Evaluation of the Liver for Metastatic Disease

Erik K. Paulson, MD1, 1Department of Radiology, Duke University Medical Center, Durham, North Carolina.

Semin Liver Dis. 2001;21(2) 

In This Article

Imaging in Anticipation of Hepatic Resection

In patients undergoing evaluation for hepatic resection, it is important to define not only the number of lesions but also their specific anatomic location.[61,62,63,64] Whether using MRI or CT, prehepatic resection imaging implies maximizing scan quality. Lesions should be measured and counted. Those lesions that are indeterminate should be characterized and described. Not only should lesions be localized to the Couinaud segments, but the relationship of lesions to major anatomic structures (portal and hepatic artery bifurcation, inferior vena cava, and hepatic veins) should be detailed.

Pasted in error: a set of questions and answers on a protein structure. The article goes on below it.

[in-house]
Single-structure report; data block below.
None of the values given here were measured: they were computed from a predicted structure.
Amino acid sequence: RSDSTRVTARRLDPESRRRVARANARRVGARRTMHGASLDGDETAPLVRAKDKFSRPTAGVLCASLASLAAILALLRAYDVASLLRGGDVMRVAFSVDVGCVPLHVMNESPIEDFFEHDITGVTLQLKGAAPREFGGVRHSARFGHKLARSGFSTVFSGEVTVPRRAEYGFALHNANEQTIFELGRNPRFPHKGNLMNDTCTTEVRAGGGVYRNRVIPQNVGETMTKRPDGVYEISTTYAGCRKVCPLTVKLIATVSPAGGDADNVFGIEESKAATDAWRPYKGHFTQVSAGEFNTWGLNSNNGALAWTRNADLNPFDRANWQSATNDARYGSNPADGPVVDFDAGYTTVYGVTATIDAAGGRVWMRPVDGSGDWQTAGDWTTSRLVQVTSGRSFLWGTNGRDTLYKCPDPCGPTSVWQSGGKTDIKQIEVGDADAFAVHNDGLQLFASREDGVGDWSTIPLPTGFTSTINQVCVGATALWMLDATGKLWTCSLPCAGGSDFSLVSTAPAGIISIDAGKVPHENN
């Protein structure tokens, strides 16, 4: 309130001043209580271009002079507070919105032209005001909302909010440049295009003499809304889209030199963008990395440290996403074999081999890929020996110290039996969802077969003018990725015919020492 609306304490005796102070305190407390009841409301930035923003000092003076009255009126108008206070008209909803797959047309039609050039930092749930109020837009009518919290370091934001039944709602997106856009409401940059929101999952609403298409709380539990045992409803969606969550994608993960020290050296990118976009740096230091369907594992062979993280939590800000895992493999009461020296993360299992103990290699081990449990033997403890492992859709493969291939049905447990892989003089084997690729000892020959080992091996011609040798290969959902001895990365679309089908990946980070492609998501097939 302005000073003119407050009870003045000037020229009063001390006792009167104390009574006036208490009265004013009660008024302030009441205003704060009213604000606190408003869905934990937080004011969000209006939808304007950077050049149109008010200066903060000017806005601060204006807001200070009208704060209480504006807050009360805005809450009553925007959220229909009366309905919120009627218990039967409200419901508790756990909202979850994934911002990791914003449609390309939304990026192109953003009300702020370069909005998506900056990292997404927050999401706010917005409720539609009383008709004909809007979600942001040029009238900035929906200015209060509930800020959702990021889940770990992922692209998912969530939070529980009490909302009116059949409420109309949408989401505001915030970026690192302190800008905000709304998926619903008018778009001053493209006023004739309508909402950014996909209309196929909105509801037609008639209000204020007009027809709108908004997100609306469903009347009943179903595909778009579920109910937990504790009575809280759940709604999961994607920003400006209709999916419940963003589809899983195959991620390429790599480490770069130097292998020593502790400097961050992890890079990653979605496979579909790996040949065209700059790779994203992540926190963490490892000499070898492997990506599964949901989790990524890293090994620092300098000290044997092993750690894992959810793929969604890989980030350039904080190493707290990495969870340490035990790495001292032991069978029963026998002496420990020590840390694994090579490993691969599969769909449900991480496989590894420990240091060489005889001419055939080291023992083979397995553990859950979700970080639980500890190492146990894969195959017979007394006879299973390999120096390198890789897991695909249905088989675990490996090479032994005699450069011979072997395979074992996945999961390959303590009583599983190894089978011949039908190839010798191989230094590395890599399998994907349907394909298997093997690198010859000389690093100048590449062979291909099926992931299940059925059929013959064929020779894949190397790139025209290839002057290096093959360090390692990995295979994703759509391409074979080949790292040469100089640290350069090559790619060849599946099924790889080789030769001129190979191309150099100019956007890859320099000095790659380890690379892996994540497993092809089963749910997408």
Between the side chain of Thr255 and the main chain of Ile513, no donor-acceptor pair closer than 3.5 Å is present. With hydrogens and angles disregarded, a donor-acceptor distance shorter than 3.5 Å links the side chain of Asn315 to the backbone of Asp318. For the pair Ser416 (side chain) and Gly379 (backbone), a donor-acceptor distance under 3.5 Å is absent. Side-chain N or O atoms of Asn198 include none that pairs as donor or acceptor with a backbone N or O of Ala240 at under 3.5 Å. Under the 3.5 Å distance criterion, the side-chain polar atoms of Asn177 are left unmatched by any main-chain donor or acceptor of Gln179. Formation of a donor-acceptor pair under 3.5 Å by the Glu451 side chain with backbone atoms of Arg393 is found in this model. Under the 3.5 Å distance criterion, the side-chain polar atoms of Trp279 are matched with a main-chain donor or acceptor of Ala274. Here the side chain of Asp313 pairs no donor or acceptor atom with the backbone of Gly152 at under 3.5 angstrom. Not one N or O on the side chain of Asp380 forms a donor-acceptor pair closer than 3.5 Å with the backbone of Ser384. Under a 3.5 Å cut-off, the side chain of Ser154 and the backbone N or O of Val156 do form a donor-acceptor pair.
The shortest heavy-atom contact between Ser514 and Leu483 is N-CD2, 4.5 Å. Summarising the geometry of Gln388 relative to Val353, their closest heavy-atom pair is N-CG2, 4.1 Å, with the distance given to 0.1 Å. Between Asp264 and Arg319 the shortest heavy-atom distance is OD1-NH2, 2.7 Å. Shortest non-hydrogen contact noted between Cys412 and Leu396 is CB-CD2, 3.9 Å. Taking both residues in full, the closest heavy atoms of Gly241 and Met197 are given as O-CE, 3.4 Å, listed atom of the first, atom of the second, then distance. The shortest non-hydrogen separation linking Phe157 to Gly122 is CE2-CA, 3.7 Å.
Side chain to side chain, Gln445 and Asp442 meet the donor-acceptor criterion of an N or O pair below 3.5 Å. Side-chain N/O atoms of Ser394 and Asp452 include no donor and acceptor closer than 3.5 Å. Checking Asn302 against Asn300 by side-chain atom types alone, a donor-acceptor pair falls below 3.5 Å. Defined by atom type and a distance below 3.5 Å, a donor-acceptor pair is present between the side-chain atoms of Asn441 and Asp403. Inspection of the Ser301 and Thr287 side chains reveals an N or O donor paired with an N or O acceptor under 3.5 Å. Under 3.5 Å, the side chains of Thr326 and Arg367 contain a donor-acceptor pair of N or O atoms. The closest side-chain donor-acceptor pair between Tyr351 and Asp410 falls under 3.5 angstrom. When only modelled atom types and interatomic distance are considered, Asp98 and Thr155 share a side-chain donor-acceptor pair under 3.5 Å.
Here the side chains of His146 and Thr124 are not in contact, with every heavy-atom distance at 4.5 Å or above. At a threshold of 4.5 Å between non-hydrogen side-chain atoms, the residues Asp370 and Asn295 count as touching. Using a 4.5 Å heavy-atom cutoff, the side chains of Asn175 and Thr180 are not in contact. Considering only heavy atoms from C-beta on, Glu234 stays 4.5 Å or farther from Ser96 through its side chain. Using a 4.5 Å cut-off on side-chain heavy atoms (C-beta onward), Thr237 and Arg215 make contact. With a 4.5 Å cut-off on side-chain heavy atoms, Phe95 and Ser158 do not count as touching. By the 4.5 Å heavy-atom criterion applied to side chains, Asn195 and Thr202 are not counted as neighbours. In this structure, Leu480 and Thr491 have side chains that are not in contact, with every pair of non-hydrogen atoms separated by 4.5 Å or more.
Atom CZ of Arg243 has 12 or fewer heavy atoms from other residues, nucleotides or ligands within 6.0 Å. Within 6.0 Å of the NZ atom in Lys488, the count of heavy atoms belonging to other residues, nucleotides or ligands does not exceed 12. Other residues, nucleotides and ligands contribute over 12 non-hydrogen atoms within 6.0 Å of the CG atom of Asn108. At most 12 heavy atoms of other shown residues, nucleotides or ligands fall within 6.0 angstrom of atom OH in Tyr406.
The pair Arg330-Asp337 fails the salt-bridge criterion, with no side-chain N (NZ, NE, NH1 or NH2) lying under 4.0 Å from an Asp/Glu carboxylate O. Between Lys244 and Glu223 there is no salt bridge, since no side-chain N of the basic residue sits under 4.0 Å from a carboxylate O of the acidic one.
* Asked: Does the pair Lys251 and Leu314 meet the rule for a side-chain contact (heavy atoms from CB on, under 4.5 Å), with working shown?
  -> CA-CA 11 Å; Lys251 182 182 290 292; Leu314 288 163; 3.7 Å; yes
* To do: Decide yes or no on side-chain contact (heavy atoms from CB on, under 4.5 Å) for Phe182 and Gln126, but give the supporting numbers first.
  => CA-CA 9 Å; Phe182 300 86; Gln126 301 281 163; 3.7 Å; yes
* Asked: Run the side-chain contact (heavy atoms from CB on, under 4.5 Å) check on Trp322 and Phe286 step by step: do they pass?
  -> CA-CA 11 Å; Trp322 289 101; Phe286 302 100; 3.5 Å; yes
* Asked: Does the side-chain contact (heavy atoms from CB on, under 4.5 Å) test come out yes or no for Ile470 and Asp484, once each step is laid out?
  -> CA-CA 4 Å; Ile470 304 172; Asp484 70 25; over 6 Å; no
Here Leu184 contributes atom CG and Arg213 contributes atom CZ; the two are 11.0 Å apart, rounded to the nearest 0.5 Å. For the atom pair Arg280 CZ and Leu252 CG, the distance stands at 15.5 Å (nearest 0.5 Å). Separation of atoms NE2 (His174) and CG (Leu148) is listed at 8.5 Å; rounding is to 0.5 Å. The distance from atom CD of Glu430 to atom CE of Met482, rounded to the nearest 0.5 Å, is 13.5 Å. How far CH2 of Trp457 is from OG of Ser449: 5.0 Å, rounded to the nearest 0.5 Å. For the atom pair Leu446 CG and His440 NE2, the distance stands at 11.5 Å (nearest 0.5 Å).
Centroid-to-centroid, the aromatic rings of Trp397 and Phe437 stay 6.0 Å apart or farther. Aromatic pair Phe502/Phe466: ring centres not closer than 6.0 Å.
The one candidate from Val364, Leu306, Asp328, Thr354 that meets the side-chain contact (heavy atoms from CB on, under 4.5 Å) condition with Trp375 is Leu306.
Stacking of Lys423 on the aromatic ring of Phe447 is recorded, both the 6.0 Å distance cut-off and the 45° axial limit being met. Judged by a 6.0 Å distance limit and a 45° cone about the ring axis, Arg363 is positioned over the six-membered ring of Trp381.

Knowledge of the number and specific location of lesions will allow the surgeon to plan an operative approach and to counsel the patient appropriately. Be aware that, with recent advances in hepatic surgery, many patients will not require formal segmental resection. Rather, local therapies including wedge resection, ablative therapy (radio-frequency ablation or cryoablation), or a combination of these techniques with or without segmental resection may be used.[65] Note that with many patients it is difficult to delineate precisely the specific segmental location of a tumor. The more important issue is the relationship of lesions to the major portal, venous, or arterial branches. Knowledge of these relationships allows anticipation of the width of a disease-free surgical margin.[66] Most surgeons will now use open or laparoscopic intraoperative US to detect additional lesions and to localize the disease. Indeed, with the increasing utilization of intraoperative US and the increased number of tools and techniques available to the surgeon, the need to detect all lesions preoperatively is less critical than it was previously.[1] We believe patient care is enhanced by interactively reviewing each case with the surgeon preoperatively.